Friday, October 22, 2010

Reporter's Notebook

In the October 1st edition of the Vancouver Business Journal, we told you why we believe Initiative 1082 would be good for business.

I-1082 would allow companies to purchase Industrial Insurance (workers’ compensation) from private insurers rather than continuing with the state run monopoly.

Recently, Lieutenant Governor Brad Owen weighed in on the issue. The following is a look at what he had to say.

I-1082 – A win for business
By Brad Owen, Lieutenant Governor

During my 34 years serving the public in various capacities, I’ve heard a lot of complaints about a lot of things from unhappy taxpayers. As a public official, I know you can’t make all the people happy all of the time and fielding the vast array of complaints is an occupational hazard.

But there is one complaint I hear more than any other, and it has to do with the state Department of Labor & Industries’ (L&I) management of the state workers’ compensation system. People complain about the inefficiency in claims processing. They complain about the high costs. They complain the agency is unresponsive. The list goes on.

What really frustrates the people who complain about L&I is the fact that they can’t do anything about it. They can’t express their dissatisfaction by taking their business elsewhere because L&I holds a monopoly on workers’ compensation in this state.

In a nutshell, they feel powerless. And the truth is they are powerless. That’s why I hope voters will approve Initiative 1082.

I-1082 will simply end L&I’s monopoly and allow private insurers to sell workers’ comp coverage to businesses. This means people will no longer be powerless to do anything about their dissatisfaction with the state agency. L&I will have to compete with private insurers in order to stay in business – that means handling claims efficiently, keeping costs under control and making sure customers are happy.

I know a thing or two about keeping customers happy. Before my life in politics I owned a small business. If I didn’t keep my customers happy they would simply go to my competitors. I don’t need to explain the motivation that provides.

I’ve believed L&I’s lack of competition has been a problem for a long time. In my early days as a legislator, I supported legislation to allow competition in the workers’ comp marketplace. My firsthand experience in small business, combined with a laundry list of complaints registered by my constituents, convinced me that business owners and workers would benefit if L&I faced competition from private insurers. The bill didn’t pass, but after all these years I still believe it’s a good idea whose time (I hope) has finally come.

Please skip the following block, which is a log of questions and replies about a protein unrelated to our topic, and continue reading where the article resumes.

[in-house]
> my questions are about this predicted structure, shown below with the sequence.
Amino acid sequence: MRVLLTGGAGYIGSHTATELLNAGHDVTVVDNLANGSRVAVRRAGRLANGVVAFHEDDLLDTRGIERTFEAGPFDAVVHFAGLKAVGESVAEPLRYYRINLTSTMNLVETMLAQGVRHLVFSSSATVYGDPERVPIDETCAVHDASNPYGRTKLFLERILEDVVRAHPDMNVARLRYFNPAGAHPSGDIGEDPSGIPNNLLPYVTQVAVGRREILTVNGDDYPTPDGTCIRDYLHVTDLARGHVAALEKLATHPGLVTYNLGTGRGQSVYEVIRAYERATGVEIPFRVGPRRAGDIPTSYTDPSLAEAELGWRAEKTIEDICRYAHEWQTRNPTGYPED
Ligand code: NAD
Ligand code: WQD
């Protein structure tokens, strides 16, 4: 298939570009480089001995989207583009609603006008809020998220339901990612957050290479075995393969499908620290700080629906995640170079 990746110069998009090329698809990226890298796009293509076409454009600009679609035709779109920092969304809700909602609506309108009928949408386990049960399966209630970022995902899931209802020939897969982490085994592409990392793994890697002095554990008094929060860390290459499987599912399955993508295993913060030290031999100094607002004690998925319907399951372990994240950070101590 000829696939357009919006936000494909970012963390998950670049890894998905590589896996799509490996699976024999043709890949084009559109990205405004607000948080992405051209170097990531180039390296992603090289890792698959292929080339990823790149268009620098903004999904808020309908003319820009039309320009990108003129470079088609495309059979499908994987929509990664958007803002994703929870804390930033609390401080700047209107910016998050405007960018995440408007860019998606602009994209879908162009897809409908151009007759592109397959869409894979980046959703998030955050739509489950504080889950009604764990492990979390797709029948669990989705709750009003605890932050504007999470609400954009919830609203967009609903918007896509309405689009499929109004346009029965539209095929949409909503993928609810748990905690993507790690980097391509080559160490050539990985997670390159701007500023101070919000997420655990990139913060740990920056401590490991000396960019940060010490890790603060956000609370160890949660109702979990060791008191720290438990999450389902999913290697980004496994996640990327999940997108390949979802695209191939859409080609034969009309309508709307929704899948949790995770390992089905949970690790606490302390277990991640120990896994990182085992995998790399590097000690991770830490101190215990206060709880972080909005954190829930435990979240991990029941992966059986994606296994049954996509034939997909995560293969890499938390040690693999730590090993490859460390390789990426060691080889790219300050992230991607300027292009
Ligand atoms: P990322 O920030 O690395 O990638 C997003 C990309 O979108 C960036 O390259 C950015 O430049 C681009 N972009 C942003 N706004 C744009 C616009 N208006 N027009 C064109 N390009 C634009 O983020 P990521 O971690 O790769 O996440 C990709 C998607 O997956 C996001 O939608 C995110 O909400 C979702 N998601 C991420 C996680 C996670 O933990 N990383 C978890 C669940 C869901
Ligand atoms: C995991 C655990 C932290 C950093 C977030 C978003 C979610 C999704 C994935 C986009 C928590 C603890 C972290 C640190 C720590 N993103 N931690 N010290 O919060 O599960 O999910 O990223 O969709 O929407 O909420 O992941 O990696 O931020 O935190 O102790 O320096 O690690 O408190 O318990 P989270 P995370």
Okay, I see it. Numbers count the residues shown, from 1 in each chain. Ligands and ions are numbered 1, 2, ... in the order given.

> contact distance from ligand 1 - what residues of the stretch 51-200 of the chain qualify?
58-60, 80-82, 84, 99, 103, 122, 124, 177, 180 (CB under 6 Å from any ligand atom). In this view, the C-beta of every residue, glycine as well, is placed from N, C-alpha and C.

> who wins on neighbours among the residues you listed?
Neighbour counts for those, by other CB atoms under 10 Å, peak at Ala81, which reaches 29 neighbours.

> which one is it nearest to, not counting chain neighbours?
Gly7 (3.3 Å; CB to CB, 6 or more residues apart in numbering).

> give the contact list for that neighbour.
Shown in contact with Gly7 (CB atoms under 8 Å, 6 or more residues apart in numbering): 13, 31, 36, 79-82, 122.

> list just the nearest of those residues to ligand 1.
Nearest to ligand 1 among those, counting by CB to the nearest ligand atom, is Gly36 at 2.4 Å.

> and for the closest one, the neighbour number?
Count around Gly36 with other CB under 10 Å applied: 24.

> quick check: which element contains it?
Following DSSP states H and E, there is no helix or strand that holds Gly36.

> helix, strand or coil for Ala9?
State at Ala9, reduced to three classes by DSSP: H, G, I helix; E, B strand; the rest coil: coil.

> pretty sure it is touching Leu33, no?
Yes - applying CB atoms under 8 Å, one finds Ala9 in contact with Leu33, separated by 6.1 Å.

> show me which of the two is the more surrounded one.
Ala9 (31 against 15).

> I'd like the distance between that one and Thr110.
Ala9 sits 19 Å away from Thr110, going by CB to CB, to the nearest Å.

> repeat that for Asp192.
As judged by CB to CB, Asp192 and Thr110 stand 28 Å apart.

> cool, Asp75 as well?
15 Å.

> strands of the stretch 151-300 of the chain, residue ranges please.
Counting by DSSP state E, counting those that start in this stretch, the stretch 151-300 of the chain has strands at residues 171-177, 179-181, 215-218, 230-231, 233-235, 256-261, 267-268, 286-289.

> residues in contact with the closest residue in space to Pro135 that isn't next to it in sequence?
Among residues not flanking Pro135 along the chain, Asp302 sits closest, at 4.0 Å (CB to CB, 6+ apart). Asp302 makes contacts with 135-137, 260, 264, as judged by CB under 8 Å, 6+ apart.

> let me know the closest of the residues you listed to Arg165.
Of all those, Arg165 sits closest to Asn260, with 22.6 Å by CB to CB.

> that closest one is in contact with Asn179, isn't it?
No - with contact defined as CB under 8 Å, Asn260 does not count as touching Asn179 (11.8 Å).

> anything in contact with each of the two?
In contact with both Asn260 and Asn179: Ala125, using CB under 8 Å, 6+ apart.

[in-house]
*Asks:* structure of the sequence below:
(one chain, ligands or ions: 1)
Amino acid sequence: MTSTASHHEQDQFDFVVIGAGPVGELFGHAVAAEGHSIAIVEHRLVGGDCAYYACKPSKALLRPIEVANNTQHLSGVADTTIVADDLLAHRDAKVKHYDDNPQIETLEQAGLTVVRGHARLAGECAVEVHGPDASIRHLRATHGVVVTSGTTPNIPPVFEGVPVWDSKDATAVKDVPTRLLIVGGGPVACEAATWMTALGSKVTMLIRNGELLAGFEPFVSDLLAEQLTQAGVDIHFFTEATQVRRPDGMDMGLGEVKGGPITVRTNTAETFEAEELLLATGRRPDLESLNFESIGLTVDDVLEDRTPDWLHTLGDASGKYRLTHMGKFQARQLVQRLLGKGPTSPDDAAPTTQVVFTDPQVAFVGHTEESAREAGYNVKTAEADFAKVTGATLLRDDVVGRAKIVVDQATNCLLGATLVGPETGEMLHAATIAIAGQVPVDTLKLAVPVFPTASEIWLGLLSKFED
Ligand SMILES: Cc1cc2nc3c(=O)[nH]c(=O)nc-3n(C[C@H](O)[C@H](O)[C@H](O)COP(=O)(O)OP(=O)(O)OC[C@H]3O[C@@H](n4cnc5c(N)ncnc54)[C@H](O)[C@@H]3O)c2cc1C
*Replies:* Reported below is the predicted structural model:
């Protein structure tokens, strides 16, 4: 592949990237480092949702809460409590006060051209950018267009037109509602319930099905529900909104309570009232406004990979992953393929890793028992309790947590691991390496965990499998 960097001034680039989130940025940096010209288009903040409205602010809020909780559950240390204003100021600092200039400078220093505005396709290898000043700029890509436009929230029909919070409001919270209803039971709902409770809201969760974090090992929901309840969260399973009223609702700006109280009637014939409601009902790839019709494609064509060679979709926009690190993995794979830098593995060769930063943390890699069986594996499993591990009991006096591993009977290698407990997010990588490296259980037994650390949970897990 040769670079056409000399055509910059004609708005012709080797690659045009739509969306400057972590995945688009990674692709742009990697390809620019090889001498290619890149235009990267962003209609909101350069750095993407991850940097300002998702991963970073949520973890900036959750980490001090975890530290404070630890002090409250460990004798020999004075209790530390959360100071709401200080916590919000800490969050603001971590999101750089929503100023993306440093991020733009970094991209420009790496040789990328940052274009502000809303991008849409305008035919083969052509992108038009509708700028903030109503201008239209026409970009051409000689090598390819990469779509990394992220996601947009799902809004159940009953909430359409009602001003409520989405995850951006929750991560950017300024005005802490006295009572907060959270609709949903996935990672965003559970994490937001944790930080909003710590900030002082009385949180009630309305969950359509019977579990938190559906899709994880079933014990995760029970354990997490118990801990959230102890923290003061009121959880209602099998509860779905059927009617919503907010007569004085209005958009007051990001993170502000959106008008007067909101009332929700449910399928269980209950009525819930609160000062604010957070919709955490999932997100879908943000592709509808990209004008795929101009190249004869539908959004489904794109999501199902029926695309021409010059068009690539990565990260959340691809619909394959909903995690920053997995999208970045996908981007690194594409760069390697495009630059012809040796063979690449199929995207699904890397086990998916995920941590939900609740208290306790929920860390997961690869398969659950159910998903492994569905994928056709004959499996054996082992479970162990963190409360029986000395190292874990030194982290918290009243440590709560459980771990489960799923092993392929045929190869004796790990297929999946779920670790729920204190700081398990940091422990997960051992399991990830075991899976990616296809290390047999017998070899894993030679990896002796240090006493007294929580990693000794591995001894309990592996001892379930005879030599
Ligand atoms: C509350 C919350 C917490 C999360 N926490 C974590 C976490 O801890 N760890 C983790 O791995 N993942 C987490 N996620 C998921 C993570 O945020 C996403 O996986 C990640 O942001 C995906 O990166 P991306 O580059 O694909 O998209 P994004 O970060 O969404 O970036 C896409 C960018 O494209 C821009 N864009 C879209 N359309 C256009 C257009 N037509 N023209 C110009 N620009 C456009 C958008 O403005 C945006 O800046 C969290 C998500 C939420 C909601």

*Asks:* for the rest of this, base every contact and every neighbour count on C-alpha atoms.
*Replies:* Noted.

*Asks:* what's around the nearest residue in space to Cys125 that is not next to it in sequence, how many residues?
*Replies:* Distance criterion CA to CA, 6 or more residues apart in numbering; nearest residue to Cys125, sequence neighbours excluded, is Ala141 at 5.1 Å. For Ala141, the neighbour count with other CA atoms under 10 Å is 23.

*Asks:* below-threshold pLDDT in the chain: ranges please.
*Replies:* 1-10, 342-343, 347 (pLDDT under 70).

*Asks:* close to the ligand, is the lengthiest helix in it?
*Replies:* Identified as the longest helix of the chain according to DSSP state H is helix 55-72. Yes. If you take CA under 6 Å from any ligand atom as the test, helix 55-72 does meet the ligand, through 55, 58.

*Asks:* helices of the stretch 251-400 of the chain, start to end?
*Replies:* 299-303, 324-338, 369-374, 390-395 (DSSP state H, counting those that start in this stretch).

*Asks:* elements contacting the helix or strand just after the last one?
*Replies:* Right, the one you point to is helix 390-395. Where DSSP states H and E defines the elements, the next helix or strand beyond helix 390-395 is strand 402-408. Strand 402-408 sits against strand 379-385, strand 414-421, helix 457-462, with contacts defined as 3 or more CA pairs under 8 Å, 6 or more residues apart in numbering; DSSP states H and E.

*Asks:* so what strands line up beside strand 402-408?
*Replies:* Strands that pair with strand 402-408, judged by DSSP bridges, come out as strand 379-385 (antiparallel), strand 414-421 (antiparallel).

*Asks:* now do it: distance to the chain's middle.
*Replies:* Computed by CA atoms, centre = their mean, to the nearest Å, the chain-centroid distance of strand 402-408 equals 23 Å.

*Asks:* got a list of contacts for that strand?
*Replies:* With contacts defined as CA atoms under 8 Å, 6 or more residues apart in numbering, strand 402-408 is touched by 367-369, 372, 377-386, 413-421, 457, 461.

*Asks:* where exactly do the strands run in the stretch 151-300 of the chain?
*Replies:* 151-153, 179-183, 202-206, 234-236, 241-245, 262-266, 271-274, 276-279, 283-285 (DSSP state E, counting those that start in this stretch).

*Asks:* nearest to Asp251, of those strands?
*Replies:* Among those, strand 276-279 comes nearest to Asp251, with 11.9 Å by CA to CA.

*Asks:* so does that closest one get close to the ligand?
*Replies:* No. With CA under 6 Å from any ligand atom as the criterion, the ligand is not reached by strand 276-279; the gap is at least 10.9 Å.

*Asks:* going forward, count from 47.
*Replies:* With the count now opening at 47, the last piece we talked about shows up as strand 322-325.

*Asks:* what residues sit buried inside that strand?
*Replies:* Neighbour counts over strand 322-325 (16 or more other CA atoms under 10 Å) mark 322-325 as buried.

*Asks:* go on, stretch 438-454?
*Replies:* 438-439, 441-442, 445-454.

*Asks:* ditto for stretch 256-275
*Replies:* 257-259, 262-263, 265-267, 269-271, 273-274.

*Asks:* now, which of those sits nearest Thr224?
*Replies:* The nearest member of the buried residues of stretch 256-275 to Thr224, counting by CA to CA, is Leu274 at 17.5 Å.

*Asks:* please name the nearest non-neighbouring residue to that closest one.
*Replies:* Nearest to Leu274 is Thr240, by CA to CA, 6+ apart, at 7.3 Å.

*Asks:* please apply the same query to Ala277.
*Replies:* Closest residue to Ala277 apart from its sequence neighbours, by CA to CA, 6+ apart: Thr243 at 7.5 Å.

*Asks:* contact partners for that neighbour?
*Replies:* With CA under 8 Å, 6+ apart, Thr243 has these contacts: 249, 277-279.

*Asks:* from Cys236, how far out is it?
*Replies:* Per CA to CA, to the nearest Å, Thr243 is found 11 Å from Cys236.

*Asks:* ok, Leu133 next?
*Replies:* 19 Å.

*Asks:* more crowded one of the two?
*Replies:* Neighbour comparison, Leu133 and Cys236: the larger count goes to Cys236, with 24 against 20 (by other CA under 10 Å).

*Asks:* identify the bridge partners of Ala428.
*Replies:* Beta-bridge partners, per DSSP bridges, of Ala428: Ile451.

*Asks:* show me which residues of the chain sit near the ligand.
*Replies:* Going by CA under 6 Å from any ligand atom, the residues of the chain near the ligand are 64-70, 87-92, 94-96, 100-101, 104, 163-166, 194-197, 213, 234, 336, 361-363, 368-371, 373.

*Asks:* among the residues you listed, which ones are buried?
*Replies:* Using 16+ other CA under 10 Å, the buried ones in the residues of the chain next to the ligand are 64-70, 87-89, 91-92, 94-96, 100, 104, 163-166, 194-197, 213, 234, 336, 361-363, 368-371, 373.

If I-1082 passes, L&I will, for the first time in its 100 year history, be forced to compete. However, despite its many flaws the initiative doesn’t do away with the state agency. Businesses satisfied with the current system can keep their workers’ comp insurance with the state. But those unhappy with L&I can shop for better prices and better service.

The special interests opposing I-1082 think this choice is a bad idea. They argue the private insurance companies from which we all purchase our health, home, life and automobile coverage are not trustworthy enough to sell workers’ comp coverage. The opponents of I-1082 expect voters to believe companies that sell these other lines of insurance will somehow be catastrophic for workers’ comp just because they are profit-motivated. It simply defies logic.

Are private, for-profit insurance companies perfect? Not by any means. Are they a better option than our current government monopoly? You bet.

If you are unhappy with your private insurer, you can give your business to another insurer. You have a choice. If you are unhappy with L&I, you have no choice. That’s why I’ve received more complaints about L&I than any other state agency.

In addition, being motivated by profit is not the evil thing opponents of the initiative make it out to be. A private insurance company that relies on profit to stay in business simply has a bottom line to meet. If they don’t control costs, operate efficiently and meet that bottom line, they’re out of business. And let us not forget, private insurance companies must also provide good service and keep prices competitively low. If they don’t, they lose their customers.

Our current “non-profit” state-run monopoly system means L&I has no such fears. L&I can’t go out of business. The agency doesn’t have to worry about losing customers or running out of money. When L&I needs more money, they can just increase taxes on their “customers.” And that is exactly what the agency has done, and will continue to do if we don’t pass I-1082.

In these lean times, we can’t afford to continue to prop up a failing government monopoly with increasingly scarce taxpayer dollars. Voting yes on I-1082 will give the private sector the opportunity to do better what government has been doing inefficiently for almost a century. It’s about time.

You can contact Lieutenant Governor Brad Owen at